Ford meets Visteon workers’ union Unite to discuss compensation

Ford agreed to meet with the union Unite on Friday to discuss compensation for the protesting Visteon UK workers.

The protests, which started on 1 April, are still ongoing at the three Visteon sites in Belfast, Enfield in North London and Basildon in Essex, after the car-part manufacturer went into administration.

The company is making 565 people redundant, but having claimed insolvency, it is unable to pay contractual redundancy agreements.

Derek Simpson, Unite’s joint general secretary, was today expected to meet with John Fleming, Ford’s European chairman, to urge the international car manufacturer to help the workers.

Many of the workers are former Ford employees – following Visteon UK’s split from Ford in 2000 – and they are calling on their parent company to ‘do the right thing’ and offer some form of financial compensation.

But a spokesman for Ford previously warned that the Visteon workers were no longer the responsibility of the company.

Derek Simpson said: “I am convinced that Ford have a moral obligation to these workers who have been cruelly laid off with only a few minutes’ notice. Visteon have a contractual obligation, as well as a moral obligation to these workers.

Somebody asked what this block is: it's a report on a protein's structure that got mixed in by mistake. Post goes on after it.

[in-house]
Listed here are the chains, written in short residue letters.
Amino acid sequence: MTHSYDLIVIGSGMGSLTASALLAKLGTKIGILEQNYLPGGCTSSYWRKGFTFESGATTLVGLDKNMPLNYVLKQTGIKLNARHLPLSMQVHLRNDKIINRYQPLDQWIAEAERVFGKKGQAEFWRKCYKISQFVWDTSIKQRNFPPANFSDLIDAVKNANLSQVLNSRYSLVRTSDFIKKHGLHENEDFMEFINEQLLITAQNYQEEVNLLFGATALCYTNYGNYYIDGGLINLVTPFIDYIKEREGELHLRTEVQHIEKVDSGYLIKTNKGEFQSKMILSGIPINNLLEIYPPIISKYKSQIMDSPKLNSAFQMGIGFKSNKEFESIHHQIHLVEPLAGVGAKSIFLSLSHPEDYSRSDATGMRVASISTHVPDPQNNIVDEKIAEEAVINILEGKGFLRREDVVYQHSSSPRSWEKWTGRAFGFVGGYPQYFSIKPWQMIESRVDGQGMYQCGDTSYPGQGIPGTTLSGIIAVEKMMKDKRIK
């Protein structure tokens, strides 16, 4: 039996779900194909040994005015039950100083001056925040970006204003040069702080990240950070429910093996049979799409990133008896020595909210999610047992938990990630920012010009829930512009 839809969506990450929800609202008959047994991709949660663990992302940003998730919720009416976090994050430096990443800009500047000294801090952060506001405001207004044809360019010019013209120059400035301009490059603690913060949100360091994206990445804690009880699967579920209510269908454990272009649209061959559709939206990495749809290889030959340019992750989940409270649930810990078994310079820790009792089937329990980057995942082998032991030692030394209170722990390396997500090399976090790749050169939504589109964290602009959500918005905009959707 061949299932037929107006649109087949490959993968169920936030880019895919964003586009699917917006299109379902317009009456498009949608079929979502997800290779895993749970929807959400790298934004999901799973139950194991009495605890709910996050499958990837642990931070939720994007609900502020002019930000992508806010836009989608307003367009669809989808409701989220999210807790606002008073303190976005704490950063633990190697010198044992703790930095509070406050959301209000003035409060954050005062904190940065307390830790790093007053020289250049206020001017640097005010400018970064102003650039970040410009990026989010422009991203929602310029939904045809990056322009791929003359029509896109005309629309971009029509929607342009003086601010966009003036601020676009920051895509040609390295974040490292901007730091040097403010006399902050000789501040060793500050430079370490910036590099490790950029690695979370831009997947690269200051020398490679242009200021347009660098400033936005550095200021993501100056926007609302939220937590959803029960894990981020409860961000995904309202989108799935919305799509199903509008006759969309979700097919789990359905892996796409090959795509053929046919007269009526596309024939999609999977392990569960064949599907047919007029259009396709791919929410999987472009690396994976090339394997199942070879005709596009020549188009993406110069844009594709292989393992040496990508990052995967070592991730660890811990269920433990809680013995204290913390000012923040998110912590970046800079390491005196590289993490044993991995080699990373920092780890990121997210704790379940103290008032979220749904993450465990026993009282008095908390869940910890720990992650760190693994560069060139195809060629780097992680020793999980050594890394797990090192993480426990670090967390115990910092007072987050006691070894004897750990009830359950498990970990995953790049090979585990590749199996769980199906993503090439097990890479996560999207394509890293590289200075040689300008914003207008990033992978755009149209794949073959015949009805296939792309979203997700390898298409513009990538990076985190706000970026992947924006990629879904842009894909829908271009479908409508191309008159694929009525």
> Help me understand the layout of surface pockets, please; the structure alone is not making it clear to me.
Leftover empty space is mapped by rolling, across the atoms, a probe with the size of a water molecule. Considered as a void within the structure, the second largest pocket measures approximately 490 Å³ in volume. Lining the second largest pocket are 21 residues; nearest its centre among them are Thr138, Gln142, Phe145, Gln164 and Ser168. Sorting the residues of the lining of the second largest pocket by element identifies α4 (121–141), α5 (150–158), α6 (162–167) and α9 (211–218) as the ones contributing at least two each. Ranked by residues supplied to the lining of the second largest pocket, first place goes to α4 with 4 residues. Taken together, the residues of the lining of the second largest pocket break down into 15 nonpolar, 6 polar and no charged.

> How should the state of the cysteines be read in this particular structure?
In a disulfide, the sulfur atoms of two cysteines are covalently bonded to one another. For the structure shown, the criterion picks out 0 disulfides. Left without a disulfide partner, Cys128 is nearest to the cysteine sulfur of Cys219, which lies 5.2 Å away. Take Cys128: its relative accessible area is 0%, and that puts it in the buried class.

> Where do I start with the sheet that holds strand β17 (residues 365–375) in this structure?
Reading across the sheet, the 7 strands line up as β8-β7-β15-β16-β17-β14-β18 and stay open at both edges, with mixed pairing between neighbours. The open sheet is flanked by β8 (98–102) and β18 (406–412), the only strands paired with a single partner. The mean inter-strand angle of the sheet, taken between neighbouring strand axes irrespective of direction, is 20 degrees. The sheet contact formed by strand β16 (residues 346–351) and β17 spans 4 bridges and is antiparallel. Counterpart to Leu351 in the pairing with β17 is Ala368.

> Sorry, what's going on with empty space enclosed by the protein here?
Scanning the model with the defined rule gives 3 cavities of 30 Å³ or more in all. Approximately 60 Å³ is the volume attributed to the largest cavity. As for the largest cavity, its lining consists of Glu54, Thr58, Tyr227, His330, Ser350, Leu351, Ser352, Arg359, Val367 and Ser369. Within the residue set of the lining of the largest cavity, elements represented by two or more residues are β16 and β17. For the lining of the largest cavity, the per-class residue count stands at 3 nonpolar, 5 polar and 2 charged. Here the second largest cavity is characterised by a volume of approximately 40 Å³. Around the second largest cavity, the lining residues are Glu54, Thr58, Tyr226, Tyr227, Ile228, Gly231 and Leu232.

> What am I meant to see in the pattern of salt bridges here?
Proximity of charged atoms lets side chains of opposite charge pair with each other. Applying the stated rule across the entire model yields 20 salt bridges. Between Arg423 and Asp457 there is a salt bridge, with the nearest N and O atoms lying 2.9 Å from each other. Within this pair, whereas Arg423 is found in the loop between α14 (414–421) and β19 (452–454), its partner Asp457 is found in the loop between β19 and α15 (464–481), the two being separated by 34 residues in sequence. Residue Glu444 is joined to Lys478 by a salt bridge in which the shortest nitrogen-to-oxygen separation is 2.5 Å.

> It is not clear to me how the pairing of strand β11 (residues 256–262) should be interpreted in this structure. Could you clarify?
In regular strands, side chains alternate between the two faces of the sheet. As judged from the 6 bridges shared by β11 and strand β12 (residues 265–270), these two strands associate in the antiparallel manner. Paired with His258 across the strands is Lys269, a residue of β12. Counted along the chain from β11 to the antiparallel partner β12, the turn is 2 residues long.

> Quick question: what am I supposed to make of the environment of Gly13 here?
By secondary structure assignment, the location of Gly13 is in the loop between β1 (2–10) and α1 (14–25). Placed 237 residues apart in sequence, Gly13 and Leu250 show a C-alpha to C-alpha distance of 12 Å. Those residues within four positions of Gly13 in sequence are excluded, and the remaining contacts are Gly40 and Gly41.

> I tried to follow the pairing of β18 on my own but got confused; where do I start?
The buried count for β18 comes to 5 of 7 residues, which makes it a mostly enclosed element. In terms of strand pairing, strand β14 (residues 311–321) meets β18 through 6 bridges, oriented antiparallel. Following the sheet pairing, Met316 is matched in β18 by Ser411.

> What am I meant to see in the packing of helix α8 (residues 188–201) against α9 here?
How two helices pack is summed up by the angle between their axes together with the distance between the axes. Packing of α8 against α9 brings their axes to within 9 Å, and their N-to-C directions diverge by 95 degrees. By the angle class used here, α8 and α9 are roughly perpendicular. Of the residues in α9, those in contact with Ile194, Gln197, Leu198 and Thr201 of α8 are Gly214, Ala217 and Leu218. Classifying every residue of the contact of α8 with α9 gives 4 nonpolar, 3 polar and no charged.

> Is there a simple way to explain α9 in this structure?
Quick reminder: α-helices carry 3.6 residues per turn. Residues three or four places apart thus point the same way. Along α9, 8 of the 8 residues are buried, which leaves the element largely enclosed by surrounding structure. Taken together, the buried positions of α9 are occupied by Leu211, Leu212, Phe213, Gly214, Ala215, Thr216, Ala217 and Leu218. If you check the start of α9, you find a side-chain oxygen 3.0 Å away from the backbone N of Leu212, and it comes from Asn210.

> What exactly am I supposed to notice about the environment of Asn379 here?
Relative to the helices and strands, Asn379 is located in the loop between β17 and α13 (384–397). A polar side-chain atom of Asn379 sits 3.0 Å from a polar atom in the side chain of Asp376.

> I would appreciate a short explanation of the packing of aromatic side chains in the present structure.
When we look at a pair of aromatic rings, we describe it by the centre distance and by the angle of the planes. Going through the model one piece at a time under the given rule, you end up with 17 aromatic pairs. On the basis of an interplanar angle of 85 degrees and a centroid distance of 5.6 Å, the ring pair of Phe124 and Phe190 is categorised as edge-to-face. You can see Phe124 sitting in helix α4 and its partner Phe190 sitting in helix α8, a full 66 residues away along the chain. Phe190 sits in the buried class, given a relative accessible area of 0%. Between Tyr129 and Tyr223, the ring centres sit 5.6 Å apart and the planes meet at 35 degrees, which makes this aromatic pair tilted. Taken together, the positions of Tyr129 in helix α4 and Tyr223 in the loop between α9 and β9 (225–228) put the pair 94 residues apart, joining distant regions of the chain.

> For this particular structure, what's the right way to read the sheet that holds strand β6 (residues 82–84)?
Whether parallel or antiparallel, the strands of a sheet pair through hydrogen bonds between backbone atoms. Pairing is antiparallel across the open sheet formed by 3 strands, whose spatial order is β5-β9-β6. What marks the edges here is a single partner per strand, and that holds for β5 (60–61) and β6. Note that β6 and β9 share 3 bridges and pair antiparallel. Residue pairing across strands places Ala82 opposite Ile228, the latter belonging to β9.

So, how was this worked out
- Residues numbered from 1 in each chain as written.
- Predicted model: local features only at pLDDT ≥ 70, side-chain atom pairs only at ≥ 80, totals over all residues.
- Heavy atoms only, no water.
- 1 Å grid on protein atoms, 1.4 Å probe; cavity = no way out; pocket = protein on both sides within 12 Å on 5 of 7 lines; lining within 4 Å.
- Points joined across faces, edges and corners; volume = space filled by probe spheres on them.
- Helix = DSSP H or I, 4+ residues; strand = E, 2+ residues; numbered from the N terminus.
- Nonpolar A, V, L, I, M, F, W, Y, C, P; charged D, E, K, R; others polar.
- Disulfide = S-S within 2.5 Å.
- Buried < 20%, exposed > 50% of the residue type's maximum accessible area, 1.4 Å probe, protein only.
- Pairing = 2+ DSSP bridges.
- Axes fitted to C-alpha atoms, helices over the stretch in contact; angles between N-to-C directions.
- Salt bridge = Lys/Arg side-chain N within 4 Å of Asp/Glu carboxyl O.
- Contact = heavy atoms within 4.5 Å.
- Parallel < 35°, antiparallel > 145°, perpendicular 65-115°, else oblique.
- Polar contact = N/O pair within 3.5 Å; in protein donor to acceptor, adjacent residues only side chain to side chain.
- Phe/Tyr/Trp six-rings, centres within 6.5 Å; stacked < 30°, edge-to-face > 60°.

“The unacceptable treatment of Visteon’s workers will be taken up with the senior management at Visteon. Unite will press the case for compensation. We hope that Visteon will do the right thing.

“These workers must be treated with dignity and respect. This is yet another example of our weak labour laws letting skilled manufacturing workers down.”

But Zoe Wigan, employment and pensions partner at law firm Beachcroft, told Personnel Today that if Visteon has declared itself insolvent and has gone into administration it is under no obligation to pay workers’ redundancy packages.

While employees can claim against the company, they will be at the bottom of the list for payment, she added.

Last month telecommunications giant Nortel, also went into administration making 228 redundancies, many of which will not receive their contractual redundancy pay out.

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